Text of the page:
Dan must have stopped to see whether the storm was coming. She can see him sitting in the ute. She races to him.

“Dan! There is a storm coming! Do you see it? Dan!”

He doesn’t look her way. Surely, he can hear her, unless he has the radio on looking for a weather report.

“Dan!”

She reaches the vehicle, and shakes him. “Dan, what is the matter? Can you hear me? Look at me!”

As she grabs the side of his head to turn his face towards her, confused as to why he is ignoring her she feels wet, hot, slimy liquid.

Her hand is covered in red.

“NO! Dan, no! Why, why, WHY?” But she already knew why. The signs had been flashing for months now, they had all chose to ignore them.

He was still breathing. She shakes him, tries to get a response.

“Josie?”

“Dan. I’m here. Hold on, don’t you dare leave me. There is a storm coming, it looks a bottler.”

“I couldn’t do it Josie.”

“It’s OK Dan, we can talk about it later. Let’s get you to the hospital now.”

“I couldn’t look those sheep in the eyes and say ‘see ya’. Couldn’t even do myself in properly. God, I am such a failure.”

He started to thrash and push Josie away.

“Leave me be, let me die a slow painful death. I am not worthy to stay in this world. I’m hopeless. You would be better off without me.”

“No damn way Dan Bartoo, you are not leaving me and the boys with this mess. If you are going so am I. Hand me that rifle. We can go together. Leave Alan and Deidre to raise your sons, he will enjoy ruining another two lives.”

Her threats seem to the have the desired effect. Dan stopped struggling and crumpled with remorse.

“Dan Bartoo. You have two wonderful boys and a wife that loves you. We can walk away from all this if you like. Just don’t leave me to do this on my own. I need you.”

She was almost yelling now as the noise from the storm beat its drum overhead. She was shouting in a dusty whirlpool of misery and hope.

“Move over, let me get you some help. Here, hold this on your wound. We need to get out of here before we get bogged. That would be a stupid irony wouldn’t it?”

She whistled the dogs up into the back and turned the vehicle towards the homestead. The storm tailed them all the way back, she could see the cacophony of dirt, hail, heartache and despair swirling in the clouds through the rear-view mirror.

As she tied up the dogs and turned towards town the heavens opened and released the golden droplets of life.

“Keep awake Dan, talk to me!” she yells over the noise of the storm. “Dan!”

“Its no good Josie. We are broke, we are broken.” utters Dan, with little strength. “Nothing can fix all this. Not ten inches of rain, not one good crop. I’m done.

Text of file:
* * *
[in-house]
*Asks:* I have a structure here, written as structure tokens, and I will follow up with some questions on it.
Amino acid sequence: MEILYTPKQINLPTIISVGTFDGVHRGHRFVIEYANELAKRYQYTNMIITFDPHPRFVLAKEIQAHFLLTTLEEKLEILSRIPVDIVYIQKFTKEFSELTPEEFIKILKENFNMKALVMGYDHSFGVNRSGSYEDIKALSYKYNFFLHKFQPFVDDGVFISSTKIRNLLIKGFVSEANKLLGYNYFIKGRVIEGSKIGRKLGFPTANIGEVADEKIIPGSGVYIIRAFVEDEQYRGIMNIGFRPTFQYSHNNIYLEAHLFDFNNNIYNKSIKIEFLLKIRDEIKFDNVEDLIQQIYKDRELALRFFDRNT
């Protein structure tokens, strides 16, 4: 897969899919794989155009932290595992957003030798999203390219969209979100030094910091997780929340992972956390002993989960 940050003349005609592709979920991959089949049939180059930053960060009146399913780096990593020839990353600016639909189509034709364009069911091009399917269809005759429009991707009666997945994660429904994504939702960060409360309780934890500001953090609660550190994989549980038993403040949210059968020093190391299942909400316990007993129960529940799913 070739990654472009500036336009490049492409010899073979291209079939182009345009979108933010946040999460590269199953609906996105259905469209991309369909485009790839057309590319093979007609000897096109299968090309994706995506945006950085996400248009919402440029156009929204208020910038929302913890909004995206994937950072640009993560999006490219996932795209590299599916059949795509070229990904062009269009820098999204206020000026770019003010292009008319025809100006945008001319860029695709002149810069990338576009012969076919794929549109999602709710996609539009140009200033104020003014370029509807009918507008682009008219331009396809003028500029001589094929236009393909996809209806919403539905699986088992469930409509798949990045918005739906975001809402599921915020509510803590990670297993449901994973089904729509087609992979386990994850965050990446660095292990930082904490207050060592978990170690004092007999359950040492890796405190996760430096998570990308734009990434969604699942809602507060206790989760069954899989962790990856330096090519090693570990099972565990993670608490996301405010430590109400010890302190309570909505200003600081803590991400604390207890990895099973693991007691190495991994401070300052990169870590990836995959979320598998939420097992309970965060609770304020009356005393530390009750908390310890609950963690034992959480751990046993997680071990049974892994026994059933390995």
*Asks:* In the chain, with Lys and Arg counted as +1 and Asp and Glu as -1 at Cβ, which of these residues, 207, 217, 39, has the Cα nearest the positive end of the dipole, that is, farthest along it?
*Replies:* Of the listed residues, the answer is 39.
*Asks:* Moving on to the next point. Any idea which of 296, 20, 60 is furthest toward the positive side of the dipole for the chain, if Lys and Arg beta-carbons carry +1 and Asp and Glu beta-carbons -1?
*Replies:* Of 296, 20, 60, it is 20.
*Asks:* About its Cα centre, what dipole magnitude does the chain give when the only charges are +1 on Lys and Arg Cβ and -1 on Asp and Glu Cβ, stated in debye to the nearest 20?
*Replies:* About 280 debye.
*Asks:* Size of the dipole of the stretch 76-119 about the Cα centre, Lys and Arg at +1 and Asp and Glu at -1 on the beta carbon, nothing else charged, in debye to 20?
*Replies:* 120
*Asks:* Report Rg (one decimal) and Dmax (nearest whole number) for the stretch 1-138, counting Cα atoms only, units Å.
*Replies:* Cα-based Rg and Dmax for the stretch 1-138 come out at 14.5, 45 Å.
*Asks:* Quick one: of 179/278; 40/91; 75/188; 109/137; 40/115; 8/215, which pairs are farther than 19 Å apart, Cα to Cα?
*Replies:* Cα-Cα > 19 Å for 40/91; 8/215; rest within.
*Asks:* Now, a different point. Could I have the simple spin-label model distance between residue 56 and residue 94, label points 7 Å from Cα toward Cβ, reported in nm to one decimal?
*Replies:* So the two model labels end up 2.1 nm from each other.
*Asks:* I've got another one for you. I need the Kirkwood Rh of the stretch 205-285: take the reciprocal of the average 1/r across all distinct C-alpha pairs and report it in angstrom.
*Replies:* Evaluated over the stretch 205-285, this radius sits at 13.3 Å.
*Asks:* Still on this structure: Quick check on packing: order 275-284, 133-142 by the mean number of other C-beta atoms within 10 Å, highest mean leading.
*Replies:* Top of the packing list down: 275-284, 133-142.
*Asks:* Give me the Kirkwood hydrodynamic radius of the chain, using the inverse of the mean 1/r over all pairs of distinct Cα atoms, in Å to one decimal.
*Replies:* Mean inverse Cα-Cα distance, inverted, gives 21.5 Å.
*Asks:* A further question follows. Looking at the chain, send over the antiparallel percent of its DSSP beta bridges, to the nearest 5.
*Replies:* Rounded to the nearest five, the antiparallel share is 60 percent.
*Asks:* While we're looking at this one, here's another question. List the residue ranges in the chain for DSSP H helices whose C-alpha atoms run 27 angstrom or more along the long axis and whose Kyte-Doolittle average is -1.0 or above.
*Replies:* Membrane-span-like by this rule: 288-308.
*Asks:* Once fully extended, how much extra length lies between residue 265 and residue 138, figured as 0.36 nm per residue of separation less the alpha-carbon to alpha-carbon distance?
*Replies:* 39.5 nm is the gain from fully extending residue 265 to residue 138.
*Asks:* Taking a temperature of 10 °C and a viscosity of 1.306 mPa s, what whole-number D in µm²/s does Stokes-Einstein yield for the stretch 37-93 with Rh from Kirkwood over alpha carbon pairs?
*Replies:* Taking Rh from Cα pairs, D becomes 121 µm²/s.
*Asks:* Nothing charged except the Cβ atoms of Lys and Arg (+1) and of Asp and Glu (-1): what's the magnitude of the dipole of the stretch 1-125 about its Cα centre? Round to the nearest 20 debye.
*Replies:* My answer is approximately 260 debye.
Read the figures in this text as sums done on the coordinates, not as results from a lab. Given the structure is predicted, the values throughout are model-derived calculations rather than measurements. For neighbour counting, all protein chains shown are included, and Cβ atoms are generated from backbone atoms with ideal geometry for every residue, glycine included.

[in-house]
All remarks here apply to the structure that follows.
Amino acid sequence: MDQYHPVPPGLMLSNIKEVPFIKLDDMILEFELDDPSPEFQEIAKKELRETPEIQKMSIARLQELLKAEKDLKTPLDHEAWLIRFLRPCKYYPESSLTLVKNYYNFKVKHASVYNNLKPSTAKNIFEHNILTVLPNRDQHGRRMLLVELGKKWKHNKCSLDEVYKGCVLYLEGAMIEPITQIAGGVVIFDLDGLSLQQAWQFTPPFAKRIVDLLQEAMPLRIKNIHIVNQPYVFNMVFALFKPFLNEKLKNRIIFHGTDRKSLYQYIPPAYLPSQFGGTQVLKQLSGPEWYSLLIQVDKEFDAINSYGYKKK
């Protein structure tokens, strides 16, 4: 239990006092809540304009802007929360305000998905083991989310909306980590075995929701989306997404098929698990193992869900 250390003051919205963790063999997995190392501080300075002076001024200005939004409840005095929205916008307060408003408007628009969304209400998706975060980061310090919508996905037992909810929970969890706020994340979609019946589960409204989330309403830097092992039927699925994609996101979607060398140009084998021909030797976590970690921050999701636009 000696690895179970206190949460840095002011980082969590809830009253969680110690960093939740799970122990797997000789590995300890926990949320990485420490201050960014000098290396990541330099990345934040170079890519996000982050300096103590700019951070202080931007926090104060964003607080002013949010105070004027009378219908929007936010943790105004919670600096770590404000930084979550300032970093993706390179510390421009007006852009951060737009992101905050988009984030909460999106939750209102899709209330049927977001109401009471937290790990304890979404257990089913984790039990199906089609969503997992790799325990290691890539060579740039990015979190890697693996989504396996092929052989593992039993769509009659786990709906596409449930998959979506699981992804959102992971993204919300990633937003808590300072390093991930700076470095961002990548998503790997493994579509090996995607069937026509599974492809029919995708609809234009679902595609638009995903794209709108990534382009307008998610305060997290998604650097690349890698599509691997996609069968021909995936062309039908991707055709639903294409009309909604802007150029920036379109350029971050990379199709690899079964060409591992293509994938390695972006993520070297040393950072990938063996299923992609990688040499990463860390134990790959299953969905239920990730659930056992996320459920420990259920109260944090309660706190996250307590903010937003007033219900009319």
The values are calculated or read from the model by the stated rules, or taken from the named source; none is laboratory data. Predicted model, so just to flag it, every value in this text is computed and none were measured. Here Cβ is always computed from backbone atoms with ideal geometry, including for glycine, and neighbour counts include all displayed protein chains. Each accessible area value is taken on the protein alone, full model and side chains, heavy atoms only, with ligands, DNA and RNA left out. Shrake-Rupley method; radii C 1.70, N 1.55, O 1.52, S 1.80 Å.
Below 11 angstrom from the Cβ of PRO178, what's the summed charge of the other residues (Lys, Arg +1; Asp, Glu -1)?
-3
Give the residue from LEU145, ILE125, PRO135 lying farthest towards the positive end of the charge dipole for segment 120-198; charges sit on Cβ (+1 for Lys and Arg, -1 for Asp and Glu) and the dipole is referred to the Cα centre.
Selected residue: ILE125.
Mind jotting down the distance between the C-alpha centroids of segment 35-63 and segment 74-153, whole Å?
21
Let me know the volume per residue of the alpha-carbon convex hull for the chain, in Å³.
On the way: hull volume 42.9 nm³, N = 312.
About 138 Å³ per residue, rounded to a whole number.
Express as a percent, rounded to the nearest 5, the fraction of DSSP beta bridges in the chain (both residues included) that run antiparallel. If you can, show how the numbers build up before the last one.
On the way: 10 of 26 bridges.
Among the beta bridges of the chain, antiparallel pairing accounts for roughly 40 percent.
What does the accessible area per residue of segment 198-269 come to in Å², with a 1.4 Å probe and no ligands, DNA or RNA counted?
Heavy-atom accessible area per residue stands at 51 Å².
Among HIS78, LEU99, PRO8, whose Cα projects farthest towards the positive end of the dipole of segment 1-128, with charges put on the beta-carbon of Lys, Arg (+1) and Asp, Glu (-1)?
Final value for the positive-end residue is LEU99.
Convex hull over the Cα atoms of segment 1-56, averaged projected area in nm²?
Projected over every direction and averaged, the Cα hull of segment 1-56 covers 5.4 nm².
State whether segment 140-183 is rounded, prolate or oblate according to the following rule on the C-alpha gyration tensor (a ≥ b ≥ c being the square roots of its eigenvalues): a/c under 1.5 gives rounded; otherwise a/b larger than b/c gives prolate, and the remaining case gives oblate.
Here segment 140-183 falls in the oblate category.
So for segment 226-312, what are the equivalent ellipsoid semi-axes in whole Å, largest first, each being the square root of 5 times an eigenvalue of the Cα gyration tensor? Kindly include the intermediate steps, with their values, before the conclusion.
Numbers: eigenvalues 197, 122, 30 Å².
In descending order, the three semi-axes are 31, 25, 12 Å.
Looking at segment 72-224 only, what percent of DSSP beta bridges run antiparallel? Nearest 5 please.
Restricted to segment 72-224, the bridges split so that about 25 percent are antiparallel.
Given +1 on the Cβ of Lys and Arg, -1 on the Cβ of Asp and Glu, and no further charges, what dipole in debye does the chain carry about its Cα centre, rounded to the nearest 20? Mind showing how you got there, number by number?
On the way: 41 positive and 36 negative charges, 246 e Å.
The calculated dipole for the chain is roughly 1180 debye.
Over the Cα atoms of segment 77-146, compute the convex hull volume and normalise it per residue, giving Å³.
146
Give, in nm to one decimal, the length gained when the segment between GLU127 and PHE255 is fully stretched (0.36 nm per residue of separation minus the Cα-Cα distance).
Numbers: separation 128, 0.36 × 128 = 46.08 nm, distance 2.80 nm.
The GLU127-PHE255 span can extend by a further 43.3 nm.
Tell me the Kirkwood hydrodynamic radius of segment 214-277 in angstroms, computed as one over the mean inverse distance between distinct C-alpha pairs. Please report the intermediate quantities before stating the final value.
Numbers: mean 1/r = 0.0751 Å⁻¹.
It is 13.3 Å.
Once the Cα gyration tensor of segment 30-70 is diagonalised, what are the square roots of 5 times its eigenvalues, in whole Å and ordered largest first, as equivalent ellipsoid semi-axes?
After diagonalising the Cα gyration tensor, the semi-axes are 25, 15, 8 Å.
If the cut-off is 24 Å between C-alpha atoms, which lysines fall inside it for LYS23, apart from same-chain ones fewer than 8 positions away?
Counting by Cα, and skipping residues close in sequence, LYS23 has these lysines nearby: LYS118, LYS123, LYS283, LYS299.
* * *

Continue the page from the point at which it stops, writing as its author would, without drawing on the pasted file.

“Sell the farm, get some money for it. Take the boys somewhere that rains, where it is green all year round.

“Tell them I tried hard Josie, I really did try.”

“No, Dan. We can fix it. We are not broken, just a little warped. We can straighten.” Josie pleads as she turns onto the highway to town, driving well above the speed limit.

“We are rich with two crazy boys who love you without judgement. I still love you, have never stopped. Richness is more than the money Dan.

“You just need to believe in yourself. Believe in ‘us’. We can sell and go somewhere green.

We can do this together. We need you to come with us.”

“Dan! Dan, stay with me” she yells as Dan slumps forward, blood dripping to his knees. “No way Dan Bartoo you are not leaving me. YOU HEAR ME! YOU-ARE-NOT-LEAVING ME!” as her foot pressed harder on the accelerator.

The town never felt so far away.

 

Josie is distracted by the hospital cat as it struts across the low brick fence, exuding confidence and royalty. She had got to know the routine of many over the last few months, from nurses to doctors, cleaners to this resident cat. The voice on the phone became a little louder.

“Josie? Are you still there? So, he will be OK then?” Alan asked, a touch of emotion in his voice.

“Yes, Alan he will be OK. We will be OK.” Josie hesitates “One day, we will be OK.”

“When are you heading? Can…” there was a short pause. “Can we see you all before you go?”

“Ah, we are packed up ready to leave. Just waiting for the Doc to sign the papers.” Josie was full of regret, she had tried to get Dan to see his parents. His counsellor thought it best not to push it for the moment. Dan had a lot of healing to do, inside as well as out.

“Oh. well let us know how you are doing. Let us know when we can come to visit.”

“I will Alan. The boys want to write you letters, I will make sure they do when we settle. You will have our address.

and Alan?”

“Yes, Josie?”

“Be patient. We will mend. Dan will mend.”

“It’s good he is finally seeing someone. Not easy for a Bartoo to admit they need help.” Says Alan, almost with some pride.

“Not easy for any farmer to admit, let alone a Bartoo. Hopefully the boys will grow up knowing that it is OK to ask for help.”

“Yes, we all need to change. I’m sorry it took this long and…ahh…an incident to realise”

“An attempted suicide Alan. Call it what it is. Don’t make it shameful and sweep under the carpet with all the other family ghosts. Talk about it, admit it, tell your friends exactly how it is.”

“Let me know when Dan is ready to see us. Be safe Josie, look after yourselves.”

“We will, I will Alan. Send our love to Deidre.”

“And Josie?”

“Yes?”

“Thanks for saving my son.”